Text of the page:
Sunday, December 21, 2014

How to Cook Steamed Fish with Soy Sauce (Chinese Pan-To Style!)

When I was a kid, I hated going to huge family reunions. There were always too many people to hug, too many oldies to kiss, too many faces to smile at (and half of them I didn’t even recognize). It would always be held at these traditional Asian restaurants, with the big round tables and the intricate designs of dragons/peacocks/whatever symbols that signify good luck. And then there are the fish.

The live fish, swimming along in their little tanks in the corner, all happy-go-lucky and oblivious to the fact that they will soon be snatched up and served as delicacies in their short lives. Looking at them on the other side of the tanks as a little child, I felt a twinge of sadness in my heart.

Of course, over the years, I’ve come to love family reunions. Growing up, you realize that amidst all the challenges and trials you go through in life, there’s one thing that’s always constant—family. And all these smiling faces gathered together just prove to me how wonderful it feels to have a tight group of people who will always love you no matter what.

And the fish—the innocent and ultimately doomed fish—have now found a place not just in my heart, but in my stomach. I just love the taste of steamed fish with light soy sauce served up in these restos.

My photography skills are a disgrace. But the fish is good---promise!

Unfortunately, I do not have enough money to keep dining in fancy restaurants just to get a taste of that elusive fish. So, despite my amateur kitchen status, I’ve decided to learn how to make them at home.

How to Cook Steamed Fish (Simple, Can’t-Mess-It-Up-Because-I’m-A-Noob Version!)

  • Whole fish, cleaned, head and tail intact (preferably lapu-lapu, or maybe other types of white fish like flounder and maya maya)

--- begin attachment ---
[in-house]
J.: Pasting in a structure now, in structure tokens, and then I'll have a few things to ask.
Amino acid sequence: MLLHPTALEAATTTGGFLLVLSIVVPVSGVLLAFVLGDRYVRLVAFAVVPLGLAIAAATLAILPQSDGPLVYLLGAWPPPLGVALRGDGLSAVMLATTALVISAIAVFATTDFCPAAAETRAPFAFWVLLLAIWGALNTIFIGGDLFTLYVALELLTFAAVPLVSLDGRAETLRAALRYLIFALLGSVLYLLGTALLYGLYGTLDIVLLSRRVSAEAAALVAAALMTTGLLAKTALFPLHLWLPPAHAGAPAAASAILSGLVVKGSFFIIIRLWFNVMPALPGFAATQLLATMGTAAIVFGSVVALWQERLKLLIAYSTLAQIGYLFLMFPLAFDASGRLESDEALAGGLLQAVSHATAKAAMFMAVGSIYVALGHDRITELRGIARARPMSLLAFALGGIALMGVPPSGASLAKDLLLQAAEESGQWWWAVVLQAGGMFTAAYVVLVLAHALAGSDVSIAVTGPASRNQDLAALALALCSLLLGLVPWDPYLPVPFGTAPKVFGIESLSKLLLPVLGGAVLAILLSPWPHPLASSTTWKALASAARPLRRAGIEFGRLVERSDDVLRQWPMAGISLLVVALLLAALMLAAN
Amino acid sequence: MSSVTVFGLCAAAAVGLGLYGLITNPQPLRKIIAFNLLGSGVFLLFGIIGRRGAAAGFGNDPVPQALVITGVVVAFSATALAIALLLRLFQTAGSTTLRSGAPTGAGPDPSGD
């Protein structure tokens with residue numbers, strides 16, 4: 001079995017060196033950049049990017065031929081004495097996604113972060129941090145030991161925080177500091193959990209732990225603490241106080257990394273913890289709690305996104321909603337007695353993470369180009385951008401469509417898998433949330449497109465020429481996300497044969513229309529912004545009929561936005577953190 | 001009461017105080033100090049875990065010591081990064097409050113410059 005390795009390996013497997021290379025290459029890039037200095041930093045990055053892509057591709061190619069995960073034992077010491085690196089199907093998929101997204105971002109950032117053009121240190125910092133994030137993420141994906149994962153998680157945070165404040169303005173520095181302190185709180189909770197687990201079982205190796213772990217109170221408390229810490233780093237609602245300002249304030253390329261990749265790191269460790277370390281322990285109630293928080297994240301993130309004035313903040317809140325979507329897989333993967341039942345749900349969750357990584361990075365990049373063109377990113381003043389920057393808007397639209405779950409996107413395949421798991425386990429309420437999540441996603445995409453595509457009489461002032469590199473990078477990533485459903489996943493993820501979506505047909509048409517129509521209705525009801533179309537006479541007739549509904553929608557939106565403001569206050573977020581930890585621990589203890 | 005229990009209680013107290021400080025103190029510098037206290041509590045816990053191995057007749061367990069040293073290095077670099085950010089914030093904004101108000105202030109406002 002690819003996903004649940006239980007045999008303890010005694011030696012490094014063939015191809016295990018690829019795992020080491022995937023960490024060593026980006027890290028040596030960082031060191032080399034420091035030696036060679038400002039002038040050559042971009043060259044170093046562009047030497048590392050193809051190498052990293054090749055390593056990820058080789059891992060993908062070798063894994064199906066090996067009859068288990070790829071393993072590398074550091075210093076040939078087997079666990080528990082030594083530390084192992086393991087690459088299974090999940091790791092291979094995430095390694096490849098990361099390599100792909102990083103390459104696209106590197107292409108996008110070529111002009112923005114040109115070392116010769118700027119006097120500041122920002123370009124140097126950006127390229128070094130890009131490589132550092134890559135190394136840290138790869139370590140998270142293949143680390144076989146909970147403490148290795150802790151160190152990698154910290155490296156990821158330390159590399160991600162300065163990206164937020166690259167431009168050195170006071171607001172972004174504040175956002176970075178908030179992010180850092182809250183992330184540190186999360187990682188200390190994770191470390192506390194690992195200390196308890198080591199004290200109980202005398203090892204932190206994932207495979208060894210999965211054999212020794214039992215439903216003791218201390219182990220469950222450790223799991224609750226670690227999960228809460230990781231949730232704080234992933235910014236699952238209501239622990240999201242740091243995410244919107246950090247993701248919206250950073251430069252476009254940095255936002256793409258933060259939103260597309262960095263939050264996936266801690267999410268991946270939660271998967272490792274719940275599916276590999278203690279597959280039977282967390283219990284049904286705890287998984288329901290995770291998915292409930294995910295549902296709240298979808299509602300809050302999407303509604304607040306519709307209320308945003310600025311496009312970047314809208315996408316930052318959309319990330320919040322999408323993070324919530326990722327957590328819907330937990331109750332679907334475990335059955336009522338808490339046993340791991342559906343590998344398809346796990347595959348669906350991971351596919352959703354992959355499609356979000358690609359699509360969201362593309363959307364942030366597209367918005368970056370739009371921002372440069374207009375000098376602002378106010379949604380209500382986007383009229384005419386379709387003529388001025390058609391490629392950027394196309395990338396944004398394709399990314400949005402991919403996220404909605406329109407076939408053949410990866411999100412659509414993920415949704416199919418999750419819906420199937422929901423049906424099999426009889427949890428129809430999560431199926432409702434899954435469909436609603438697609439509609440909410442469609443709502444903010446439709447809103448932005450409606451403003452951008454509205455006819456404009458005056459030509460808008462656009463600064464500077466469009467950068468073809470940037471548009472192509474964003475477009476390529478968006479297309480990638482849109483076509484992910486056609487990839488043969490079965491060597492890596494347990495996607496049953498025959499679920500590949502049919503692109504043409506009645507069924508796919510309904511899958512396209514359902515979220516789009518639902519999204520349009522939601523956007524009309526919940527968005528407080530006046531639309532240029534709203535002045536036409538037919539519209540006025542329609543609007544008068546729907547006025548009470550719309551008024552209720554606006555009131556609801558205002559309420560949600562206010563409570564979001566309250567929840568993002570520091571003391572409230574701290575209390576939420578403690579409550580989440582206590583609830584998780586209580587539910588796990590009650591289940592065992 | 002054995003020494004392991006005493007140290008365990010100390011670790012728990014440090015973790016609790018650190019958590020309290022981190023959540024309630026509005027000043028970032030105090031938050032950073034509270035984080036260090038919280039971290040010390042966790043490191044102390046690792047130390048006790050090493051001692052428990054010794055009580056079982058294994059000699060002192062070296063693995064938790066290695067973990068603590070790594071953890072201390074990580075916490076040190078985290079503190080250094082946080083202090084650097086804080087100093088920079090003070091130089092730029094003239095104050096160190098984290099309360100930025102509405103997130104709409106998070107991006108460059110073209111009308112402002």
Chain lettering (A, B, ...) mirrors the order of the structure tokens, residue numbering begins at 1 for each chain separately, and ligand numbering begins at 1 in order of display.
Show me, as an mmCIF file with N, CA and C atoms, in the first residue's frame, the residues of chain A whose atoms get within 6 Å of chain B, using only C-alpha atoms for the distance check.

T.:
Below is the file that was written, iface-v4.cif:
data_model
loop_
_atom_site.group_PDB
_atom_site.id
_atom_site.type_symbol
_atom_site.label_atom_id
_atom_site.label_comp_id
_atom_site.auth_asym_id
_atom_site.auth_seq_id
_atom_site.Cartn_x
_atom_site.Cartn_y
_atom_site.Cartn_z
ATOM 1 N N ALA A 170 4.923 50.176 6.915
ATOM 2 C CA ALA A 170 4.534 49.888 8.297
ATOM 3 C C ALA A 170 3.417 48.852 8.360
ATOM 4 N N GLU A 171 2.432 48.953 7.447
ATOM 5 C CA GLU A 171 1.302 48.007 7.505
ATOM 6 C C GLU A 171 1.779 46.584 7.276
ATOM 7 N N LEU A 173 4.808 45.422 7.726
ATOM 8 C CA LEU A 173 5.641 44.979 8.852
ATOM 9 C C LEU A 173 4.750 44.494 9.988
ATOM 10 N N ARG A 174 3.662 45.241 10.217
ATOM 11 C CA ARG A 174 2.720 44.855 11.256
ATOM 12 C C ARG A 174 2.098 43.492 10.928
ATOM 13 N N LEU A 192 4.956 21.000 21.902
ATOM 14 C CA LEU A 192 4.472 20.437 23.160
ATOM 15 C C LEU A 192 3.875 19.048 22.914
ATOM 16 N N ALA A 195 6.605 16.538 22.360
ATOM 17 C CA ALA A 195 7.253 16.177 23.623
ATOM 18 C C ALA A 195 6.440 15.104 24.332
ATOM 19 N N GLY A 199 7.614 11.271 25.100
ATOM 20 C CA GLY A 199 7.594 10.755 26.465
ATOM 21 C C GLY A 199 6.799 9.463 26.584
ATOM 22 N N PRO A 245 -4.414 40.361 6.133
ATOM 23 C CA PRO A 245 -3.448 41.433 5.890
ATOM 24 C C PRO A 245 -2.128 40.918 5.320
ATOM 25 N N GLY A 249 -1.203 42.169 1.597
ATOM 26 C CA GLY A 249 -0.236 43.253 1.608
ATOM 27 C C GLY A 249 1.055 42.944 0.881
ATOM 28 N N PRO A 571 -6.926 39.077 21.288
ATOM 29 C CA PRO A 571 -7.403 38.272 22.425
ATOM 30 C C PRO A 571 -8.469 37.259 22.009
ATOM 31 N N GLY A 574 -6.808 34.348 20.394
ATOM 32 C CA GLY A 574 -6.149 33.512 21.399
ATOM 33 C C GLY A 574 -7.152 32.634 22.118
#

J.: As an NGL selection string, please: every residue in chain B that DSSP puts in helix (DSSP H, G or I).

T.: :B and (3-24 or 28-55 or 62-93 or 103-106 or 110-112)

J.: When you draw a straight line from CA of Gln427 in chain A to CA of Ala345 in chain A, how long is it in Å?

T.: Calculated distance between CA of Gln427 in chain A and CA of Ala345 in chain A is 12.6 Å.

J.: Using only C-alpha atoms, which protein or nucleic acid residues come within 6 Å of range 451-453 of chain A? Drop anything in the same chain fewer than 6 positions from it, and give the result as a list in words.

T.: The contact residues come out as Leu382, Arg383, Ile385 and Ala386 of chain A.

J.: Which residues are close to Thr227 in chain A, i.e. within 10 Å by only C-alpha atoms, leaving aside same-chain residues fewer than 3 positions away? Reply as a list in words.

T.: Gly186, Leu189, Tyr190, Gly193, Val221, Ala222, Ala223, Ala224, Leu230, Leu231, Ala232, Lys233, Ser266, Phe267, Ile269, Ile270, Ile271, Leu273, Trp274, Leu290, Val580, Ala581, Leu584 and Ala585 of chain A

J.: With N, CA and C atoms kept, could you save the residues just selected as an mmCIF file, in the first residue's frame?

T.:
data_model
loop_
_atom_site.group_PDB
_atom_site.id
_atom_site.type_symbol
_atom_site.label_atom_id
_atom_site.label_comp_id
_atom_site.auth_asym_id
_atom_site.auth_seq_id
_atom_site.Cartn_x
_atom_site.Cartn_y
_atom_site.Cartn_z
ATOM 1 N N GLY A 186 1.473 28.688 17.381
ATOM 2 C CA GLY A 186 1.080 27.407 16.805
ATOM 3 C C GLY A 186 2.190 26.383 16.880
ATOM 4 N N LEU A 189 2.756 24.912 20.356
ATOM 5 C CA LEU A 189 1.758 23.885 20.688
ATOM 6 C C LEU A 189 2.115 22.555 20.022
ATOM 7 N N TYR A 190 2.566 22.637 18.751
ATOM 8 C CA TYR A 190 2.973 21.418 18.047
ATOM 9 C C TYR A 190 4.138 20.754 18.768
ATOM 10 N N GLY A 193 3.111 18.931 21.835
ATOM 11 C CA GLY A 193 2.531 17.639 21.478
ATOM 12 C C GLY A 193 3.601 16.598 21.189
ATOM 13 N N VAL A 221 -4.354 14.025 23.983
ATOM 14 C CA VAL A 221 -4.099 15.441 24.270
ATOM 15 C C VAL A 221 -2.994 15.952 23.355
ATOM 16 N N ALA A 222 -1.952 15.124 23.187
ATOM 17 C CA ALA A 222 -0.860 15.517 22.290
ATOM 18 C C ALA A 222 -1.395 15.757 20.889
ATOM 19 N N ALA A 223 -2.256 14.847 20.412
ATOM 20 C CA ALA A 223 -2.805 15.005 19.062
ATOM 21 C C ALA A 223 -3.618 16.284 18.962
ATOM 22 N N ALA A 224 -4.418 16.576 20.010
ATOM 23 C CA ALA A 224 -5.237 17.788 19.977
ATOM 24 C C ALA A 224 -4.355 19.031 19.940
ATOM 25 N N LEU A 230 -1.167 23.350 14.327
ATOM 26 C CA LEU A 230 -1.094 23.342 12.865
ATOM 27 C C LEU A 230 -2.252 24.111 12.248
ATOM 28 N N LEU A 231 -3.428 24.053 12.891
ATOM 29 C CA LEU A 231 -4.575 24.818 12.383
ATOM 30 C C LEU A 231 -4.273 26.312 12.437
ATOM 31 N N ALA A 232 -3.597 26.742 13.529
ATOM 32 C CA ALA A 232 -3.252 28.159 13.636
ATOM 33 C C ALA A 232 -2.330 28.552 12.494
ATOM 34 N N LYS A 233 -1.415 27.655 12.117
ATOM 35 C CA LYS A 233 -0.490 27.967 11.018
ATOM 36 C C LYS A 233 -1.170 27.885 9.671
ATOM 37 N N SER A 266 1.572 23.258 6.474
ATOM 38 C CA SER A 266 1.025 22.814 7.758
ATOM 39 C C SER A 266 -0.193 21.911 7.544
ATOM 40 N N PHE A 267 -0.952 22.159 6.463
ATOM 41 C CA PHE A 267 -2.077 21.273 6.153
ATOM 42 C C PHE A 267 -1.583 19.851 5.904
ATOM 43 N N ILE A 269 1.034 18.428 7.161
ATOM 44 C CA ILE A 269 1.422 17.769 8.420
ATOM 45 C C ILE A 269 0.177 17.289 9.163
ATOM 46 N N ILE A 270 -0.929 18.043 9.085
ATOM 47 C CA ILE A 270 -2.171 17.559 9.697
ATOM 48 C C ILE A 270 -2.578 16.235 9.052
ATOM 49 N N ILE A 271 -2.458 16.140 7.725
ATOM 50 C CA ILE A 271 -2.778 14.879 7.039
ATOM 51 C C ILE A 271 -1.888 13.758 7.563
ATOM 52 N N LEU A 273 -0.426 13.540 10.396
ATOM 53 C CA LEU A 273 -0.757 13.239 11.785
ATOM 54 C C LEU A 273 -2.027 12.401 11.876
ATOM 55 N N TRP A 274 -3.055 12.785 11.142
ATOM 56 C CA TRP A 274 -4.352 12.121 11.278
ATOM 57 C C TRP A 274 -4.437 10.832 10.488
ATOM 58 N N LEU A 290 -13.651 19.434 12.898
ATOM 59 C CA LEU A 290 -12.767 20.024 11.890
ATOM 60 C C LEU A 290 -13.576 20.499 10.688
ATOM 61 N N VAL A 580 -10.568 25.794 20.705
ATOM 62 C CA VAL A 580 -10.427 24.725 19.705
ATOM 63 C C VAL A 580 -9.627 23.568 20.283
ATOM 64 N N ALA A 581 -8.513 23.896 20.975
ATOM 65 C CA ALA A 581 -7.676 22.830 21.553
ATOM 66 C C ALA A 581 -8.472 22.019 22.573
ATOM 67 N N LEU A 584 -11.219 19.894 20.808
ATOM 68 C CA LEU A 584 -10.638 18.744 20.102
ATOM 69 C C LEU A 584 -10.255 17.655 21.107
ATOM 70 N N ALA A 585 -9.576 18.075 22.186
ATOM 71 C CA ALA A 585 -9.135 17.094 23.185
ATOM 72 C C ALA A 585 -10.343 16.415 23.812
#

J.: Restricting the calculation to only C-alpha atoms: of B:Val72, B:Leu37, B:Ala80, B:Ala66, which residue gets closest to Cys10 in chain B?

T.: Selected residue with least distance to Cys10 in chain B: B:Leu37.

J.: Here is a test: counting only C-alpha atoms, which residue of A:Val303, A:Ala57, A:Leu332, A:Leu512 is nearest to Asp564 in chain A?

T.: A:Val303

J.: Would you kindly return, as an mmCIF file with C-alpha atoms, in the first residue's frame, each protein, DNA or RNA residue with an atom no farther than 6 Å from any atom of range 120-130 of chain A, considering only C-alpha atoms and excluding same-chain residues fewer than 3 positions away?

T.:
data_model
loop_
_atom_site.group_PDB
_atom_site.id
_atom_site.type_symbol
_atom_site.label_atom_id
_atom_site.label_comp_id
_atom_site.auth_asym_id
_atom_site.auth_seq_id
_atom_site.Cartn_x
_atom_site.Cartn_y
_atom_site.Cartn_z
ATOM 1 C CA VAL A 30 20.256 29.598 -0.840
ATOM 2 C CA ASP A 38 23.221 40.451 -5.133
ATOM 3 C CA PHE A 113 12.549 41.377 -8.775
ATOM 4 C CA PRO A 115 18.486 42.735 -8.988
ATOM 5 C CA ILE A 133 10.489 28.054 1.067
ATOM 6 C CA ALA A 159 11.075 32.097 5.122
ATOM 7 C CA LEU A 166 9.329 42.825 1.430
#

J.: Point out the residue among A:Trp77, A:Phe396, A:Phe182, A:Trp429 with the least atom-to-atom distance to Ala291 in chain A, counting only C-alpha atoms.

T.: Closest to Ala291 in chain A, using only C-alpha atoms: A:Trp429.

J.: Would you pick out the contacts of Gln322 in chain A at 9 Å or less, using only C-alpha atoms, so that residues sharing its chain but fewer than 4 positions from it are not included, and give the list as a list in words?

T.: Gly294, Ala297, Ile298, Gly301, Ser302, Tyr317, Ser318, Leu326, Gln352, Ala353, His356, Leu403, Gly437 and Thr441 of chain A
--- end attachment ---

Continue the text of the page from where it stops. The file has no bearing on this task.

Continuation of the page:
• Leeks
  • Chopped ginger
  • Sweet soy sauce
  • Sugar

1. Place the whole fish on a steamer. My father-in-law likes to wrap the fish in a banana leaf sometimes, but since I try to be as simple as I possibly can, I skip it (oops). Steam the fish for 12 minutes.

2. While the fish is steaming, grab some leeks and a pin. Yes, a pin. Those pins with cute multicolored round heads? Yup. A neat trick is to use the pin to sort of run them across the leeks, resulting in a flowery garnish design for your plate of fish later. My father-in-law is a genius.
How cute are those leeks-flowery thingies?
3. Mix about 4 tablespoons of sweet Chinese soy sauce with a teaspoon of sugar. If you don’t have the sweet soy sauce, you can add more sugar until the sauce is to your liking. Add your chopped ginger to the sauce.

4. When the fish is done, plop it in a long plate, sprinkle your flowery leeks, and pour in the sauce. And you’re done! Seriously, I can’t mess this up. J


  1. Did you and your father-in-law cook together?? May garnish pa ah :P

    1. I asked for instructions. Hahaha! I fear cooking with him, but I will overcome that fear someday. Someday.... ~(*.*~)

  2. So when do we get to taste this?!?! :))

  3. So when do we get to taste this?!? :))

    1. We should have a cooking party!!! Hahaha:p


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